Population - TIAM-UCL

From IAMC-Documentation
Jump to: navigation, search
Model Documentation - TIAM-UCL
Corresponding documentation
Model information
Institution University College London (UCL), UK, https://www.bartlett.ucl.ac.uk/energy.
Solution concept Partial equilibrium (price elastic demand)
Solution method Linear optimisation
Anticipation Perfect Foresight

(Stochastic and myopic runs are also possible)

Population

Population figures up to 2050 are based on UN estimations (UN, 2009). It is assumed that world population will increase from 6.7 billion people in 2005 to 9.3 billion people in 2050, reach the peak in 2090 with 9.8 billion and then decline slightly.

The biggest population increase over the 21st century is expected to happen in Africa, India, Other Developing Asia and the Middle East .

Under the given assumptions China, Eastern Europe, Former Soviet Union, Japan, Mexico, South Korea and Western Europe experience negative population growth rates in the second half of the 21st century.

Especially for South Korea and Japan, it is assumed that the population will shrink significantly over the course of the 21st century.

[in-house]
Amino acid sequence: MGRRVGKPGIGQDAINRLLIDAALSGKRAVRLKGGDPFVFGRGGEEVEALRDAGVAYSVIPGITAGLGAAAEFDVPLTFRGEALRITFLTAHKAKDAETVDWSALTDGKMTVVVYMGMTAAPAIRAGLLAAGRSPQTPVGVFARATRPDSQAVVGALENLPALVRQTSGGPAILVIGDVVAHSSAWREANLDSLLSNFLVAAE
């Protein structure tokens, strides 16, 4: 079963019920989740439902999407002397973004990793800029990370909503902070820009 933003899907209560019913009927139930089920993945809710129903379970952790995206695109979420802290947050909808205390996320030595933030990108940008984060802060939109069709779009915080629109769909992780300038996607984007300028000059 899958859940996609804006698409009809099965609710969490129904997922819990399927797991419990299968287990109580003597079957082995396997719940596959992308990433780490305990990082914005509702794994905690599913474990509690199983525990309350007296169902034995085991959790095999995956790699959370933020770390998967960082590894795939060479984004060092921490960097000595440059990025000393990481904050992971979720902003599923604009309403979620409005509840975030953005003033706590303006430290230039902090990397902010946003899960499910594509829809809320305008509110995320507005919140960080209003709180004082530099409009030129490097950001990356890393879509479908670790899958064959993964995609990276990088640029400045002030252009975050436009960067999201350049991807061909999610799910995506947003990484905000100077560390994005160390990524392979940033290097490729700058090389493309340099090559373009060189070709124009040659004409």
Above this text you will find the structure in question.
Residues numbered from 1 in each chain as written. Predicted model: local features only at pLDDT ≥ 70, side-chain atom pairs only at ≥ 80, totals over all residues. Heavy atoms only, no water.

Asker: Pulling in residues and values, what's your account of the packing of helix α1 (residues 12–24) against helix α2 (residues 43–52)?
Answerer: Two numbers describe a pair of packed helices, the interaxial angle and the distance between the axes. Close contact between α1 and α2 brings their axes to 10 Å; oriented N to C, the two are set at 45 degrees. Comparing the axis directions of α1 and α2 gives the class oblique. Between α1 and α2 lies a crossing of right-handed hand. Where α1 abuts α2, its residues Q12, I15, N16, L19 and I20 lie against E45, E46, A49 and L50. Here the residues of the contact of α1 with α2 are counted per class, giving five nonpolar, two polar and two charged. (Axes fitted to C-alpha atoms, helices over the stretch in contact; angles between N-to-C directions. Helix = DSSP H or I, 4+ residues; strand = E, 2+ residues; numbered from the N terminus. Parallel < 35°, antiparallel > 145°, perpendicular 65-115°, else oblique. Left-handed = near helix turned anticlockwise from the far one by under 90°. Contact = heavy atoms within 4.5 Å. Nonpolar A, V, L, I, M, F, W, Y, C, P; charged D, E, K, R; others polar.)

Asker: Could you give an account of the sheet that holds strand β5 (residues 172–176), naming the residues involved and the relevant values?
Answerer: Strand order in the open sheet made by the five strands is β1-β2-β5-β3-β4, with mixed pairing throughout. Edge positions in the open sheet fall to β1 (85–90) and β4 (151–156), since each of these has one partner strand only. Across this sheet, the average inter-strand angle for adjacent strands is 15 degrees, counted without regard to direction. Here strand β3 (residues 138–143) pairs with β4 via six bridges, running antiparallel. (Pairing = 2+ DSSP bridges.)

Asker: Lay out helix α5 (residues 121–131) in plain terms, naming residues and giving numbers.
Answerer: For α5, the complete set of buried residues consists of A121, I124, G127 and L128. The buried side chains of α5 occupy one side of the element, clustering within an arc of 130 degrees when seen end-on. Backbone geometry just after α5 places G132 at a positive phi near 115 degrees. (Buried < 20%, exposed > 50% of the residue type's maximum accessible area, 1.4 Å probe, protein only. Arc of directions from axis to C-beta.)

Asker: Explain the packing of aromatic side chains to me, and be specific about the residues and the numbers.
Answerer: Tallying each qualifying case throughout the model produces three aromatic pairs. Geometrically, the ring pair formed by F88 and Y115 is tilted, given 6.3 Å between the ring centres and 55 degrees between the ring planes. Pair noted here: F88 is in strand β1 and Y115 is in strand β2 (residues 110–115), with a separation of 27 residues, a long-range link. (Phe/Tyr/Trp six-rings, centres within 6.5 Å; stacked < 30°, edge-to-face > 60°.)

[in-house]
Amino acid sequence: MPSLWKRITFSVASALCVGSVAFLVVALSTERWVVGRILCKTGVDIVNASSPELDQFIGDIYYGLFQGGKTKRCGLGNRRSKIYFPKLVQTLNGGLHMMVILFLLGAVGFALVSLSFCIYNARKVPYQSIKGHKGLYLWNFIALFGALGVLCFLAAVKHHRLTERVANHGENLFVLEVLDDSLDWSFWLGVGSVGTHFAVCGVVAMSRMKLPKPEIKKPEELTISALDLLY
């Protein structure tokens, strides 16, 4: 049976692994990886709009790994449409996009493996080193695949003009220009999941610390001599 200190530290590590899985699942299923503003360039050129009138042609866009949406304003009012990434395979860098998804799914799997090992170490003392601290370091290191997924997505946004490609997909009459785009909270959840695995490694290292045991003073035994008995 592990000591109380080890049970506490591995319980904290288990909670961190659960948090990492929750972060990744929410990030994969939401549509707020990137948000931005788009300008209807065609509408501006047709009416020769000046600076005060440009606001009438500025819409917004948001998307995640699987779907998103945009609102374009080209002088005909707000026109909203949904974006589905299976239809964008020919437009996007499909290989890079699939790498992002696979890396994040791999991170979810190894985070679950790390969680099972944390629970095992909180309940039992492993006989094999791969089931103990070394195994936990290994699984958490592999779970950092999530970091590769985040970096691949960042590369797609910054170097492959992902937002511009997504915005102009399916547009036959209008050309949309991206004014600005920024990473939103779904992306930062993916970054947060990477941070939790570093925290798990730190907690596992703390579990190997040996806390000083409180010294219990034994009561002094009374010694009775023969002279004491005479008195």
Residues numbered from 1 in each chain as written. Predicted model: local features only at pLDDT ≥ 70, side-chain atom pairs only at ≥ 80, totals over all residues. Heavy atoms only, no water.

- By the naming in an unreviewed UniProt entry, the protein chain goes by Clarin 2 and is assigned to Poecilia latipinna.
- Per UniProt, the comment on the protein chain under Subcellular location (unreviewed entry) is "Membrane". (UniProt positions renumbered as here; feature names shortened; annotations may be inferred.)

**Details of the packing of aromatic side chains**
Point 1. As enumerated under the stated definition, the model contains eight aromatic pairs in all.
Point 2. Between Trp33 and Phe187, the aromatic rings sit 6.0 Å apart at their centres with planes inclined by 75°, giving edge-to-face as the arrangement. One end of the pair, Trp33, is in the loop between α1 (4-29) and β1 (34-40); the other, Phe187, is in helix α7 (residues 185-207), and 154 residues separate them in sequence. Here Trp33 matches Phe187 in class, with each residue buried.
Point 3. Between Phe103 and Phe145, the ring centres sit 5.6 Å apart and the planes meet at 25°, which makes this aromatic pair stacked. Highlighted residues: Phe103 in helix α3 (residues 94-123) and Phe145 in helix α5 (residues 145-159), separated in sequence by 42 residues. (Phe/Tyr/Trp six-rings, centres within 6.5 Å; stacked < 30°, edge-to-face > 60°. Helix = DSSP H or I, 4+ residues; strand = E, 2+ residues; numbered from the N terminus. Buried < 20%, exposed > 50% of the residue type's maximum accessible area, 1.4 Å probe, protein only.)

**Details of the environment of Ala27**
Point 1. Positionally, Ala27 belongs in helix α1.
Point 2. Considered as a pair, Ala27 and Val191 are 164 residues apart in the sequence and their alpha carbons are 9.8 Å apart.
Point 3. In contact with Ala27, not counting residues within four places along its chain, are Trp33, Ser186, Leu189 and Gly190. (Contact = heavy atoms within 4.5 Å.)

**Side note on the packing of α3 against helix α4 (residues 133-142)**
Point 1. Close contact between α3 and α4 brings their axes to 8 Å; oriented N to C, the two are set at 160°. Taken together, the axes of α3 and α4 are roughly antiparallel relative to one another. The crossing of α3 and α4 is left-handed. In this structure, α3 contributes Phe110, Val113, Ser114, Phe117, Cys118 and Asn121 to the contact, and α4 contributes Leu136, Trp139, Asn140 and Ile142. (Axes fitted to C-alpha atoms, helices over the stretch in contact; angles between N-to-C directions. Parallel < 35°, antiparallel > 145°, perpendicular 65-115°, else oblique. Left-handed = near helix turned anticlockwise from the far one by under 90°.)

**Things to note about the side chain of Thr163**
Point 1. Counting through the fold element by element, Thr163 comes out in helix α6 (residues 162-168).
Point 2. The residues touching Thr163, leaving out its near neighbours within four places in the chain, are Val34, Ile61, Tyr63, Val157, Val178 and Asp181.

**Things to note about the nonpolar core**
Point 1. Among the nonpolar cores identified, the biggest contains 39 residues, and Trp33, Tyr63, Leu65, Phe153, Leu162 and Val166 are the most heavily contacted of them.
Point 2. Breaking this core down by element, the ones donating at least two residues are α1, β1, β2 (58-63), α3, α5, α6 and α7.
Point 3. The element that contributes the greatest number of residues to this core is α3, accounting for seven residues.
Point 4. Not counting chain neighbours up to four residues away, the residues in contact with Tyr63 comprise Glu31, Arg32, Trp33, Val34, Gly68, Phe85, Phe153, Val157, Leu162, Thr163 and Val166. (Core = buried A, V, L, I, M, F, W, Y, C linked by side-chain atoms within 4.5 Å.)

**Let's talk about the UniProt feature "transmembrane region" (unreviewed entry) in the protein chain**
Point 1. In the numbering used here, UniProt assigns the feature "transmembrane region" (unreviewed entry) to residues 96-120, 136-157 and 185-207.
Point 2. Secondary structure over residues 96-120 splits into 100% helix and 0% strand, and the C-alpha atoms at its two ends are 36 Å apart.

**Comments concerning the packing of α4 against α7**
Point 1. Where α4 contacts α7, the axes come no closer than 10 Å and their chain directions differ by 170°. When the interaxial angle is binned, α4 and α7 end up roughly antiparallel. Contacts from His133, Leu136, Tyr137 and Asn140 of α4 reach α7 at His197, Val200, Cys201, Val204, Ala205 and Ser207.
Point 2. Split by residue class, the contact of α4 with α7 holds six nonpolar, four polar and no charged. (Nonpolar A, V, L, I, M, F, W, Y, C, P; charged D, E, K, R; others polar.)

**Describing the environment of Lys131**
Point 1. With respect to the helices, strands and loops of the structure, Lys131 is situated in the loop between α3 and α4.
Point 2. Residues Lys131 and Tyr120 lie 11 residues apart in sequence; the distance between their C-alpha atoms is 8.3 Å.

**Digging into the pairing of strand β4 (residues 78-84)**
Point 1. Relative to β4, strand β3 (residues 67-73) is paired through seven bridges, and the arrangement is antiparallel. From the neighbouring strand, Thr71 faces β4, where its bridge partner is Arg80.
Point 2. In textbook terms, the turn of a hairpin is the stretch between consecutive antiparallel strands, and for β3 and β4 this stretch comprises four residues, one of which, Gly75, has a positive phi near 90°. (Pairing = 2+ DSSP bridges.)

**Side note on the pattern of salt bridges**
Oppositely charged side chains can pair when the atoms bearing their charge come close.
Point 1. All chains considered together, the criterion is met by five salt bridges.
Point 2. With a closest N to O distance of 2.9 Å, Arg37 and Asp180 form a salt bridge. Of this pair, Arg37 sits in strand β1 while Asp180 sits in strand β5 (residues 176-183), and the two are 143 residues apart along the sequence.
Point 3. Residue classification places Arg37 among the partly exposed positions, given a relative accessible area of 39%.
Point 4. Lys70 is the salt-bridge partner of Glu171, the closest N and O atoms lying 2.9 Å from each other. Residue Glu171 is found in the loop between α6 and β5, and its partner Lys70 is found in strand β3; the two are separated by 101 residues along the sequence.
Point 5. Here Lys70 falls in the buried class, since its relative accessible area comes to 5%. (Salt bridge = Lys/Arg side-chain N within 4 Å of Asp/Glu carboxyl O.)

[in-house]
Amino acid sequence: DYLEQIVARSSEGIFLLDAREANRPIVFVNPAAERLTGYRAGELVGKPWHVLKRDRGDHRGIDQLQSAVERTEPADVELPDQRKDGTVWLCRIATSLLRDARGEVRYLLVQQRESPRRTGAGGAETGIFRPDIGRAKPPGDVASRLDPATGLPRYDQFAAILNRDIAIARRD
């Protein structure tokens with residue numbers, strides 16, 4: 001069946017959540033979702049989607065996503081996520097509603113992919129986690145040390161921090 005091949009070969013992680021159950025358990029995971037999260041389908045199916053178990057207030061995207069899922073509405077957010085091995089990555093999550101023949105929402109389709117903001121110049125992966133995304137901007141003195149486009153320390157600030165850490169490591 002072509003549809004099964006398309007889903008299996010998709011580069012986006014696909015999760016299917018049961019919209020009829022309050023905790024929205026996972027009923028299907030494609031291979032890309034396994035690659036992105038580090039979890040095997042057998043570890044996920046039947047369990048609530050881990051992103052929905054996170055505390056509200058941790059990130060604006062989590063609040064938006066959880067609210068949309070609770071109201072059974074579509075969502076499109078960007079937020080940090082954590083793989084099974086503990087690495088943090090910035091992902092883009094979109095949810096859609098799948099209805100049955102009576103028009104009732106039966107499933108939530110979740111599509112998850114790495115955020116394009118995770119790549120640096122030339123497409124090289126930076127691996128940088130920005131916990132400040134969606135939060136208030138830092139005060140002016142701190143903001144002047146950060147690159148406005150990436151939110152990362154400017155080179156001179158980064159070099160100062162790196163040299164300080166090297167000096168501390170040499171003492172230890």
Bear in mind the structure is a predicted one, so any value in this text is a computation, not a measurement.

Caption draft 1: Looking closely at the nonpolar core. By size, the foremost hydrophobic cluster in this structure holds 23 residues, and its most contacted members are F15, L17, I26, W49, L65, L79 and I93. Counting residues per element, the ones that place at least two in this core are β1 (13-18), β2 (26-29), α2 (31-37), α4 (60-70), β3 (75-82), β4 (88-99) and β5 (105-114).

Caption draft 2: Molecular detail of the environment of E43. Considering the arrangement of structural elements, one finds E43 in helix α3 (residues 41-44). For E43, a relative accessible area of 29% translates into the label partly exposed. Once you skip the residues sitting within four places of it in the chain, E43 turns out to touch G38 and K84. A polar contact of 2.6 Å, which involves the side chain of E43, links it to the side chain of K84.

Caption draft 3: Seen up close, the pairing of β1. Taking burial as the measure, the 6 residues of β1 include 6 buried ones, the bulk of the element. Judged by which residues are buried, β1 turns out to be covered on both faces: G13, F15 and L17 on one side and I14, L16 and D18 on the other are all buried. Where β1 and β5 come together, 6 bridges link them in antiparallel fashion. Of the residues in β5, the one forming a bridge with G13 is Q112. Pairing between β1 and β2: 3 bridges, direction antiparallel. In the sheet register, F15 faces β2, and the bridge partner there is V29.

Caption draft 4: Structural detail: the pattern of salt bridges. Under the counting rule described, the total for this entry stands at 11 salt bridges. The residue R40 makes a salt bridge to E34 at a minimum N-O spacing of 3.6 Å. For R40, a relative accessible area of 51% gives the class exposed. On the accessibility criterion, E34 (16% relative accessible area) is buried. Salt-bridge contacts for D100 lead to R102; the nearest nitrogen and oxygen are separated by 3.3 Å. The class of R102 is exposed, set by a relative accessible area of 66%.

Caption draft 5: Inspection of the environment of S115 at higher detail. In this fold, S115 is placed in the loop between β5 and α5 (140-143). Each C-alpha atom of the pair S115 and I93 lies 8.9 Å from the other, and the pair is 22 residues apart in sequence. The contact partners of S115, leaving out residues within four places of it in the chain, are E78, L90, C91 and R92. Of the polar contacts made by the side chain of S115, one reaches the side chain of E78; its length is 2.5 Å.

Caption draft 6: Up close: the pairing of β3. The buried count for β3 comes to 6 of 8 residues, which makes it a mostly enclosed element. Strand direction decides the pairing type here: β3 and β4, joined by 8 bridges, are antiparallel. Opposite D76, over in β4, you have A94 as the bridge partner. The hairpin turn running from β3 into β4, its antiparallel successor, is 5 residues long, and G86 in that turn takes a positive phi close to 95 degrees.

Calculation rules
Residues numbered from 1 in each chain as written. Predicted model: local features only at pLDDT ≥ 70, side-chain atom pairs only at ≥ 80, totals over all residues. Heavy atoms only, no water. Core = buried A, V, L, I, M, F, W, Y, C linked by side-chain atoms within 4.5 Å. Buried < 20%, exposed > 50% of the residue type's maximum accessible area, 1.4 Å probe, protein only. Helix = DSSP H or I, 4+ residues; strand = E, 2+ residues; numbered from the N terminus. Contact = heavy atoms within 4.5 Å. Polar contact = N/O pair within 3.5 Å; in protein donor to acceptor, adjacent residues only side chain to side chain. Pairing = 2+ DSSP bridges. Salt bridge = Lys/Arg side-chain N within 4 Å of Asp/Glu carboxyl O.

We are also able to run the various Shared Socio-economic (SSP) pathway scenarios 1 in TIAM-UCL. The standard TIAM-UCL population assumption is around halfway between SSP3 and SSP2 for population.

Figure 1: TIAM-UCL population vs SSPs

Households

The number of households is based on population estimates and occupancy rate. There exists no database for the occupancy rate for each region in the TIAM-UCL model. Therefore, the numbers in this section rely on national statistics. There are forecasts for the average household occupancy for some countries for the near future (up to 2030) from which it is possible estimate the number of households (given assumptions on population). For the longer term, it is assumed that the occupancy rate will increase in line with historic data to 1.7 to 3 persons per household, depending on the region. The reason for this range is the difference in current average persons per household, e.g. in 2005 the average Indian household consisted of 5.3 persons, while the average Western European household consisted of 2.1 persons per household.

Given these assumptions, the total number of households globally increases from 1.9 billion in 2005 to 3.4 billion in 2050 to 5.1 billion in 2100.

In order to simplify the data needed for the calculation, characteristic countries have been chosen for regions that consist of more than two countries. Those are South Africa for Africa, Brazil for Central and South America, Poland for Eastern Europe, Russia for Former Soviet Union, Iran for Middle East, Indonesia for Other Developing Asia and Germany for Western Europe.

Households growth rate

References

  1. ^ nakicenovic2014a